Strategies to reduce the burden of Antibiotic Resistance in China

UK-China AMR Partnerships Initiative is a cross-institutional research and capacity-building programme focusing on antibiotic resistance in China.

Project Background

China is estimated to be the second largest consumer of antibiotics in the world, with widespread and often inessential use in both humans and livestock. Studies have investigated the epidemiology and pattern of drug-resistant infections in China, but the scale of health and economic burdens caused by antibiotic resistance (ABR), and the role of the environment in the development and transmission of drug resistance, are still unclear.

This collaborative research and training programme is designed to support the reduction of ABR in China, bringing together a team of international experts from three major Universities in Eastern China – Peking, Fudan and Anhui Medical - with researchers at the University of Bristol, Public Health England, North Bristol NHS Trust and the Universities of Southampton, Leicester and Bath.

Project Aim

The aim of the project is to design, deliver and monitor targeted strategies to limit ABR in China, bridging evidence gaps and strengthening disciplinary and methodological research skills in China.

Project objectives will be addressed through three interdisciplinary work packages: 

Work Package (WP) 1

WP1 will develop and testing the effectiveness of an intervention to modify antibiotic prescribing among health professionals and reduce antibiotic consumption through a randomised controlled trial (led by Anhui Medical University and University of Bristol)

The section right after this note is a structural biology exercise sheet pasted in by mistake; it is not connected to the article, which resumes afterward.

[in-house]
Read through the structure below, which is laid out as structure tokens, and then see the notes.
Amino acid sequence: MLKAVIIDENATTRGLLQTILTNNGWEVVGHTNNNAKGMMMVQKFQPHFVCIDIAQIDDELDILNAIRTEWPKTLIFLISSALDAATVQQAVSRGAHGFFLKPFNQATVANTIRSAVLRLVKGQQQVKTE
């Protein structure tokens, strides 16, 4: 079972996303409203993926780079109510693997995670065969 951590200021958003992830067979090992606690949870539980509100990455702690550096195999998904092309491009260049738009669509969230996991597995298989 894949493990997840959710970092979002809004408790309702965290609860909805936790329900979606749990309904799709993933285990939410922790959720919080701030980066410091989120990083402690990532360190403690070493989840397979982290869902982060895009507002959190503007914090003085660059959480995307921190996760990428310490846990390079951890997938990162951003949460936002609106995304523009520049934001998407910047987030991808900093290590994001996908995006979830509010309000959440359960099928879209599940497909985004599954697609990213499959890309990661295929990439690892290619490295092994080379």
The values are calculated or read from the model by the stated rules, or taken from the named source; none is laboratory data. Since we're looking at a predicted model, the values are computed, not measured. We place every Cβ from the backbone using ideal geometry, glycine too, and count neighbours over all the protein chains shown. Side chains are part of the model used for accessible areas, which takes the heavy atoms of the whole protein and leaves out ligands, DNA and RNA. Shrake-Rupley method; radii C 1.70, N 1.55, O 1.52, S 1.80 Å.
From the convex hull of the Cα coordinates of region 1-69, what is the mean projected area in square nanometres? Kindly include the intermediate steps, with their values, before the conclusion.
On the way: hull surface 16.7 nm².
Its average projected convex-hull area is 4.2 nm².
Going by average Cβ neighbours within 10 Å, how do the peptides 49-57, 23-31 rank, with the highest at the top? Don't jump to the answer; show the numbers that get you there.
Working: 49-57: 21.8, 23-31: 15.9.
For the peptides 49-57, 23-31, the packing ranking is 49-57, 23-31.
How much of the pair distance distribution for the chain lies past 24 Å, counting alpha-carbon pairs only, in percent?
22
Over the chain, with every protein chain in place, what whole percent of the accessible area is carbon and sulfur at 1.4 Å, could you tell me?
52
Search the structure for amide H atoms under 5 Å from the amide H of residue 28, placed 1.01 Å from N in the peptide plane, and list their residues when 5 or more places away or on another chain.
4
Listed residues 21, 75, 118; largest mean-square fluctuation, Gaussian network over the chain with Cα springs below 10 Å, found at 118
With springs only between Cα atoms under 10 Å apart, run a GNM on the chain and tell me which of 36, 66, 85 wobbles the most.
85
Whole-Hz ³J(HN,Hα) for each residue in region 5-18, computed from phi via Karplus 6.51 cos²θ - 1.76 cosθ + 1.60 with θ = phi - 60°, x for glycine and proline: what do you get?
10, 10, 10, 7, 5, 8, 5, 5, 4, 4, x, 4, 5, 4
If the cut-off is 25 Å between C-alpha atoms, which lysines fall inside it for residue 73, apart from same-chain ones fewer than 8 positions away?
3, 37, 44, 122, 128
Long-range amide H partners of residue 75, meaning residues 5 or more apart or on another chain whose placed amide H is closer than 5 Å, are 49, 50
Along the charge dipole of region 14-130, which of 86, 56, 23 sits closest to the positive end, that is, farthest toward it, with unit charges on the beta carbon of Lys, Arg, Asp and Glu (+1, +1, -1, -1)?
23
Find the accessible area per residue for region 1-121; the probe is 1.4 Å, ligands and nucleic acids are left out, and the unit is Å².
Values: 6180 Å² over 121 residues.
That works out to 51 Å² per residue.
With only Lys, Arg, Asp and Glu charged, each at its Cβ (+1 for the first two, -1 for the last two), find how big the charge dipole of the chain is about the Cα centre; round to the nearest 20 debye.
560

Work Package (WP) 2

WP2 will assess human exposure to antibiotics from environmental and therapeutic sources and explore policy contexts of antibiotic usage (led by Fudan University and University of Bath)

Work Package (WP) 3

WP3 will assess trends of antibiotic use and resistance in hospital settings and estimate the economic burden of ABR and cost-effectiveness of different intervention strategies in China (led by Peking University and University of Leicester)

Anticipated Impacts

By determining the magnitude of the ABR burden and assessing the effectiveness and cost-effectiveness of different interventions to reduce it, better targeted strategies for ABR reduction can be created.

The resulting policy and practice recommendations will inform the behaviour, service, system and regulatory changes required to maintain a reduction in ABR in China, with positive consequences for the region and even globally.





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